One of London’s newest museums, the Bow Street Police Museum is a small institution that tells the story of the city’s earliest official law enforcement services. Located within a historic building that once functioned as the Bow Street Police Station, the museum’s galleries contain artifacts and displays that provide detailed insights into some of the famous cases, investigations, and prisoners that once passed through this site.
History of Bow Street Police Museum
Bow Street, which runs straight through the heart of London’s Convent Garden district, has played a prominent role in the development of England’s criminal justice system. In 1740, local magistrate Thomas de Veil established a court dedicated to investigating local crimes in his family home on Bow Street; in 1749, the novelist and magistrate Henry Fielding would take over this operation from de Veil and hire several officers to assist him in his efforts. These half-dozen men would become known as the Bow Street Runners, and are often considered London’s first formal law enforcement service.
In the 1830s, the first official police station would be constructed on Bow Street; by 1839, the Bow Street Runners had been folded into the recently established Metropolitan Police. In 1881, a joint police-station-and-court was constructed at 28 Bow Street, and it is this historic structure that houses the Bow Street Police Museum today. The police station closed in 1992, while the court portion of the site shut down in 2006. The Bow Street Police Museum itself opened on the premises in 2021.
Bow Street Police Museum Highlights
Perhaps the most distinctive aspect of a trip to the Bow Street Police Museum is the manner in which many of the police station’s prisoner cells have been transformed into informative displays. These unconventional museum galleries feature photographs, educational panels, and more, each one devoted to a different aspect of the site’s long history as a headquarters for law enforcement officials.
Some of the most notable individuals to be detained in these historic cells include the legendary writer Oscar Wilde, who was arrested and held here briefly in 1895 when charged with being a homosexual (which was outlawed in England at the time) by the British government; and Emmeline Pankhurst, Christabel Pankhurst, and a number of other leading British suffragettes arrested during demonstrations in favor of granting women the right to vote in England.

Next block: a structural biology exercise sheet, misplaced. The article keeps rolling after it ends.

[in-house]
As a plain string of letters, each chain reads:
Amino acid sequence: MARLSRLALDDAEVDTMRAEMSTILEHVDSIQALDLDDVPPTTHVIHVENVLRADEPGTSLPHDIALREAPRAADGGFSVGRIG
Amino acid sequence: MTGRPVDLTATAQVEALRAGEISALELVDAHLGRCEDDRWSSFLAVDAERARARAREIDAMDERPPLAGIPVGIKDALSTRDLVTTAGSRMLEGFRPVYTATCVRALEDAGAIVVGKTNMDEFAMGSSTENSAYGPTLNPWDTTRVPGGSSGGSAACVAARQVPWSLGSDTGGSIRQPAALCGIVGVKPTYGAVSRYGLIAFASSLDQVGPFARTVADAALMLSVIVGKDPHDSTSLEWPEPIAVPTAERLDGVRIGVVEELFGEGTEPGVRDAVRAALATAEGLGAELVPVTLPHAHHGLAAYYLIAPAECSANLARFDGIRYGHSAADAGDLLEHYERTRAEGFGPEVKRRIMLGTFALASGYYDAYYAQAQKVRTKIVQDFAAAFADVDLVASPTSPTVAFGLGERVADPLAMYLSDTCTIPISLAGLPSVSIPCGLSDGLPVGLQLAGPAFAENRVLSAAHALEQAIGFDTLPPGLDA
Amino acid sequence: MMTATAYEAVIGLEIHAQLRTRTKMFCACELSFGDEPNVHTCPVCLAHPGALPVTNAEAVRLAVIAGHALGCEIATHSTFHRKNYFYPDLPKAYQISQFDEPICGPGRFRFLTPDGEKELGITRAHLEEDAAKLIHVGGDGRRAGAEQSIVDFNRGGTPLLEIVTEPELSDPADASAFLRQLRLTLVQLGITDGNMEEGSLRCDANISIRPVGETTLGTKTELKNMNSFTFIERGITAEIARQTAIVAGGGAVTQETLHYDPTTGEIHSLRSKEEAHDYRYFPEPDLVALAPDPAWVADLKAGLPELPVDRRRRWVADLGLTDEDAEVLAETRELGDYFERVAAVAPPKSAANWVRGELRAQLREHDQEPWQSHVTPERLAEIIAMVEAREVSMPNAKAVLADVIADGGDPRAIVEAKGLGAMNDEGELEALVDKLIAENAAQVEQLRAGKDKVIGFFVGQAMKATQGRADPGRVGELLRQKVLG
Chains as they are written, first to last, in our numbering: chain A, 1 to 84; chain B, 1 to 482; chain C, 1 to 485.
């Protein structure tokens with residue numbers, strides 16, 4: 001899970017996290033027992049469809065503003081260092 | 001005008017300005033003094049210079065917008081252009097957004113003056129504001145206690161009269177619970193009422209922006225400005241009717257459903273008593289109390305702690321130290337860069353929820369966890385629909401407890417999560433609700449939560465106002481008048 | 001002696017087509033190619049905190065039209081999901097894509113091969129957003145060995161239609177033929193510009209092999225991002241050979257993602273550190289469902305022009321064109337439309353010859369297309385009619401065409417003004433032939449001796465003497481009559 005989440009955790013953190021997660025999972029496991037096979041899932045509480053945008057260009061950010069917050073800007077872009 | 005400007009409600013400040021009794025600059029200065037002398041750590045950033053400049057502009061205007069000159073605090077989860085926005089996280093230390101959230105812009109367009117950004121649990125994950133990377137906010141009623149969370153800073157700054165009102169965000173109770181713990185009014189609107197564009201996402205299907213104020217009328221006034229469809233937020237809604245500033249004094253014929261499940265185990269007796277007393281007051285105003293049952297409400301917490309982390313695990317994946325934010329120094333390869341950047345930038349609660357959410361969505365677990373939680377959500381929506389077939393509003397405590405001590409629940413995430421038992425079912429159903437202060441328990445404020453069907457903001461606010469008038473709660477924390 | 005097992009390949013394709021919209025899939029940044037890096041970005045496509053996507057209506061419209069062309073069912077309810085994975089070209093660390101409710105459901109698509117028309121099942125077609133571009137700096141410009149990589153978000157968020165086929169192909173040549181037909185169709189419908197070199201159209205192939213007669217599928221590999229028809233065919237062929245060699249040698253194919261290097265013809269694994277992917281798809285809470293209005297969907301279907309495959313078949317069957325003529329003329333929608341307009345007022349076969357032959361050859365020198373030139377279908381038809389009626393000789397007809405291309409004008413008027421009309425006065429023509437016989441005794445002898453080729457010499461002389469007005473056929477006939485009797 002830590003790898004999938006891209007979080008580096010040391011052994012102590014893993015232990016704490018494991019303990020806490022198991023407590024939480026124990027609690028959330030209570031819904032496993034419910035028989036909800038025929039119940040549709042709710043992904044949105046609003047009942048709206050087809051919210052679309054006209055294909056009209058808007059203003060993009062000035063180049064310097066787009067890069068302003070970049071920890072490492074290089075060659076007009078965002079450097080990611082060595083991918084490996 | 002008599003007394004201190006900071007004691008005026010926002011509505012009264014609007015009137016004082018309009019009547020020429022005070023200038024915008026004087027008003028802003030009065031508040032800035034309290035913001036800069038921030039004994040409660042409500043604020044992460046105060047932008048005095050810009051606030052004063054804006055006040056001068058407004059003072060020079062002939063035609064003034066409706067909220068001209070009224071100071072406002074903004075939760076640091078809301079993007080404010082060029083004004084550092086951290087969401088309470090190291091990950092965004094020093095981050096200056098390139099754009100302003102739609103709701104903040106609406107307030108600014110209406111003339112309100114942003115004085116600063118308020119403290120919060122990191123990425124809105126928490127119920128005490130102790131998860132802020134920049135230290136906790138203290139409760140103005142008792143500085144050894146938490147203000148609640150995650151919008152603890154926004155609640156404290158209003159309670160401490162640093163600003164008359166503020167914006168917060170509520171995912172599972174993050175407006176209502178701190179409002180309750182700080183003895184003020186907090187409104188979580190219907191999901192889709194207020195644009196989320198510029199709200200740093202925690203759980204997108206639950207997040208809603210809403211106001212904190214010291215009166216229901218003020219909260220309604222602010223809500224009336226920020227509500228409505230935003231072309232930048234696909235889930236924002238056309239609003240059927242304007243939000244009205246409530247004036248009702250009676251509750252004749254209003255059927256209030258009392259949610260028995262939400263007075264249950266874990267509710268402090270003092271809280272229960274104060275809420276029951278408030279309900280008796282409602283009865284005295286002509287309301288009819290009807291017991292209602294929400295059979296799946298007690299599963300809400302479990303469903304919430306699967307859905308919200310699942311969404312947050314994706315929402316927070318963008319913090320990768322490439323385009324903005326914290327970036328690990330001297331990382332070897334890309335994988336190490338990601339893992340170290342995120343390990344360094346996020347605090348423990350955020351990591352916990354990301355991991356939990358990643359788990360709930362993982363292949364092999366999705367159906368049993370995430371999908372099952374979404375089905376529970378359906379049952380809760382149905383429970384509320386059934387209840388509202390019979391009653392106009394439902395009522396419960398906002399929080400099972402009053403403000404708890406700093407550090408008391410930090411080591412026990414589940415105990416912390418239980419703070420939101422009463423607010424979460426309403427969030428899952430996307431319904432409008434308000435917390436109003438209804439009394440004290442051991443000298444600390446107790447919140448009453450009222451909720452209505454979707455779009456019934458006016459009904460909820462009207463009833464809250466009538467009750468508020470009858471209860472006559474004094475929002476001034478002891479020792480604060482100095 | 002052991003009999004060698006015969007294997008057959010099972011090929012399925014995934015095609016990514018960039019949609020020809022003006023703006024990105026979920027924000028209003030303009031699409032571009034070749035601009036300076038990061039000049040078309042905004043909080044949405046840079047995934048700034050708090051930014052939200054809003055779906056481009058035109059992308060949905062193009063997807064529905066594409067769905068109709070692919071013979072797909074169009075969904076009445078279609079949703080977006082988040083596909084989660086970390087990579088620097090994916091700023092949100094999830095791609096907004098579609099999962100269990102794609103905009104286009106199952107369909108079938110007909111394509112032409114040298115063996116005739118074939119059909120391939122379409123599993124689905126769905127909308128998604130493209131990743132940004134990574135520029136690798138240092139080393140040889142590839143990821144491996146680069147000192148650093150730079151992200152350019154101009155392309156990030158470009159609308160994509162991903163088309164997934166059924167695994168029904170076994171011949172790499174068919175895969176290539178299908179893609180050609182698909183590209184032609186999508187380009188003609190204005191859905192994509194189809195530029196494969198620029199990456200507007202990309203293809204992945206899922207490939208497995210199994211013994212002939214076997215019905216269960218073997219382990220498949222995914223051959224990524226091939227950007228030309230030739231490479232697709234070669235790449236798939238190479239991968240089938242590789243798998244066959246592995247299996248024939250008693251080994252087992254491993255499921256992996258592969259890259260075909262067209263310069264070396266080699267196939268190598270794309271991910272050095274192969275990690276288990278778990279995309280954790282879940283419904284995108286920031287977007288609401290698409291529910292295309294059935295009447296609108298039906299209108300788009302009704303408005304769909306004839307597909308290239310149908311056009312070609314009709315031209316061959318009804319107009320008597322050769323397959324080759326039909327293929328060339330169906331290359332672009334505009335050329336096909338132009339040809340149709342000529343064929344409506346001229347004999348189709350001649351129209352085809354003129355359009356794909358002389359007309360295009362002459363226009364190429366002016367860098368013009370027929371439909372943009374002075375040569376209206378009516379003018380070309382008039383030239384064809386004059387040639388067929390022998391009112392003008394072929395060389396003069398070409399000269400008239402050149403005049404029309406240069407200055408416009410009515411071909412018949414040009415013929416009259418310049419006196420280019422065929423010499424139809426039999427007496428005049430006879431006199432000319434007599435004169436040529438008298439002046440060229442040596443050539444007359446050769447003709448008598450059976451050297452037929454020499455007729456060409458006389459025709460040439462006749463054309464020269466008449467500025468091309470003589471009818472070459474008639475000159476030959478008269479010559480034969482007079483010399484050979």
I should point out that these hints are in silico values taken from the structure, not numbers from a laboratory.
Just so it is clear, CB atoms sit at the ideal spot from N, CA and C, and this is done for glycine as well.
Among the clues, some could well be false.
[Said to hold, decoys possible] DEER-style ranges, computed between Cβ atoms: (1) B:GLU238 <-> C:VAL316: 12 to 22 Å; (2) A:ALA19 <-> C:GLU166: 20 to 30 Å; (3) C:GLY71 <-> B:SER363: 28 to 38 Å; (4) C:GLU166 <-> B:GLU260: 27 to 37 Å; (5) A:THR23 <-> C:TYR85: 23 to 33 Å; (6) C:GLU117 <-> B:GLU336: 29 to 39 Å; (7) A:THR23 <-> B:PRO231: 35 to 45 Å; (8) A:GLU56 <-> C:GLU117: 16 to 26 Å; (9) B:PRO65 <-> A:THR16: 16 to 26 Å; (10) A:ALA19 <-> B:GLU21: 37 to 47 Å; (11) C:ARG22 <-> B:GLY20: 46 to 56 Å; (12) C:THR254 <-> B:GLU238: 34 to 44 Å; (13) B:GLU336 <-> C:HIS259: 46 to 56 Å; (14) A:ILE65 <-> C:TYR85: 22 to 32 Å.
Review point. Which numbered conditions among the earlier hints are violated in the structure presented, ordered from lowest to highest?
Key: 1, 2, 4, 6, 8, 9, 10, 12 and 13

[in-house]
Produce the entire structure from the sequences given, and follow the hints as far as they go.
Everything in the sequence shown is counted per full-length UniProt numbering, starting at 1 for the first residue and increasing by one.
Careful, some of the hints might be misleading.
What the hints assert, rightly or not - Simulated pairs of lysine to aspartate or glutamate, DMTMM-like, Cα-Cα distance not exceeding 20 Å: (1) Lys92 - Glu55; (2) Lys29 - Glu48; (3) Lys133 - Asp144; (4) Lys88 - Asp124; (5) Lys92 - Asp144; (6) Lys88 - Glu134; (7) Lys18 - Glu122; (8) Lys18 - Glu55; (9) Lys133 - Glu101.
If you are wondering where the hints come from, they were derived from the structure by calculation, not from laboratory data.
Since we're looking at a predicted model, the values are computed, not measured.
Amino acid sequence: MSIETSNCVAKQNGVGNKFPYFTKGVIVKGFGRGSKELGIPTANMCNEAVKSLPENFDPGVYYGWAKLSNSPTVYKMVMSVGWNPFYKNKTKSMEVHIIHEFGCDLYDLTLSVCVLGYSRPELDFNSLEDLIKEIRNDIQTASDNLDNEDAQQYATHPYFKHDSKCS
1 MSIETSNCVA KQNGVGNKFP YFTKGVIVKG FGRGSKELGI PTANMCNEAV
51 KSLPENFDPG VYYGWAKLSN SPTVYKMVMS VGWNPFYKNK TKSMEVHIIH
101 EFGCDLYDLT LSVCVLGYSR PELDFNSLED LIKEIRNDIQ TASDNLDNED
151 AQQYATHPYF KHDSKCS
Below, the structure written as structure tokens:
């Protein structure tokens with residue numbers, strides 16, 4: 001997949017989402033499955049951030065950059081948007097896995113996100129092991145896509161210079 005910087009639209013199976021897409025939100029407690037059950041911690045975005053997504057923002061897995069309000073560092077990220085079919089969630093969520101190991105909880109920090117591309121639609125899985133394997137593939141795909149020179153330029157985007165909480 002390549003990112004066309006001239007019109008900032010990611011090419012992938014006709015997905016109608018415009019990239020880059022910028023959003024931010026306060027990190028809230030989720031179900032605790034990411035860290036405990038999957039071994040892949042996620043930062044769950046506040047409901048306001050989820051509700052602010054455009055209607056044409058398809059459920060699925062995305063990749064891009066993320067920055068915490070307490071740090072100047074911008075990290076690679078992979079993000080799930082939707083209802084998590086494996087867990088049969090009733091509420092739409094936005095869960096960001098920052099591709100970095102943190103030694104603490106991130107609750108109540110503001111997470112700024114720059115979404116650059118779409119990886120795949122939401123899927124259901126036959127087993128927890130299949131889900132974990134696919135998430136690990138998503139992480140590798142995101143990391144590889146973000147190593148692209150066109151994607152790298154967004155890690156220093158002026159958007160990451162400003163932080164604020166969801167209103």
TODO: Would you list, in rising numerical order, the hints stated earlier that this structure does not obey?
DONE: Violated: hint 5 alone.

Infamous prisoners who either spent time locked up on the grounds of what is today the Bow Street Police Museum or appeared for hearings before judges here include Ronald and Reginald Kray, the identical twins who loomed large in London’s criminal underworld of the 1960s; James Earl Ray, held at Bow Street as he awaited extradition to the United States for the assassination of Martin Luther King, Jr.; and the murderous Chilean dictator Augusto Pinochet.
More to See and Do at Bow Street Police Museum
Continue reading for a few more things to see, do, and keep in mind as you plan your upcoming Bow Street Police Museum outing.
*The Bow Street Police Museum contains a small gift shop where visitors can purchase a selection of souvenirs and attraction-themed merchandise.
*Because the Bow Street Police Museum occupies a rather small space, its admissions are operated under a timed-entry ticket system. While you can purchase walk-up tickets, to ensure you don’t have to wait upon arriving at the attraction it’s a good idea to book your time slot in advance. This task is best accomplished online, via the Bow Street Police Museum’s official website.
*The Bow Street Police Museum frequently hosts guided tours, evening talks, and family activities pertaining to a range of themes and topics. Visitors with a particular interest in London policing practices, the city’s criminal history, or some of the area’s most famous legal cases will want to consider attending one of these special events. For more information, see the attraction’s calendar of events.
Why the Bow Street Police Museum Should Be on Your Must-See List
If your London tour doesn’t start for another 90 minutes and you’re not sure what to do—or you just want to get some more bang for your buck by going to another London tourist attraction while using your London tourist pass—the Bow Street Police Museum makes for a nice way to fill a bit of downtime in your itinerary. When in doubt, consider pairing it with a stop at the London Transport Museum, which is a mere three-minute walk around the corner.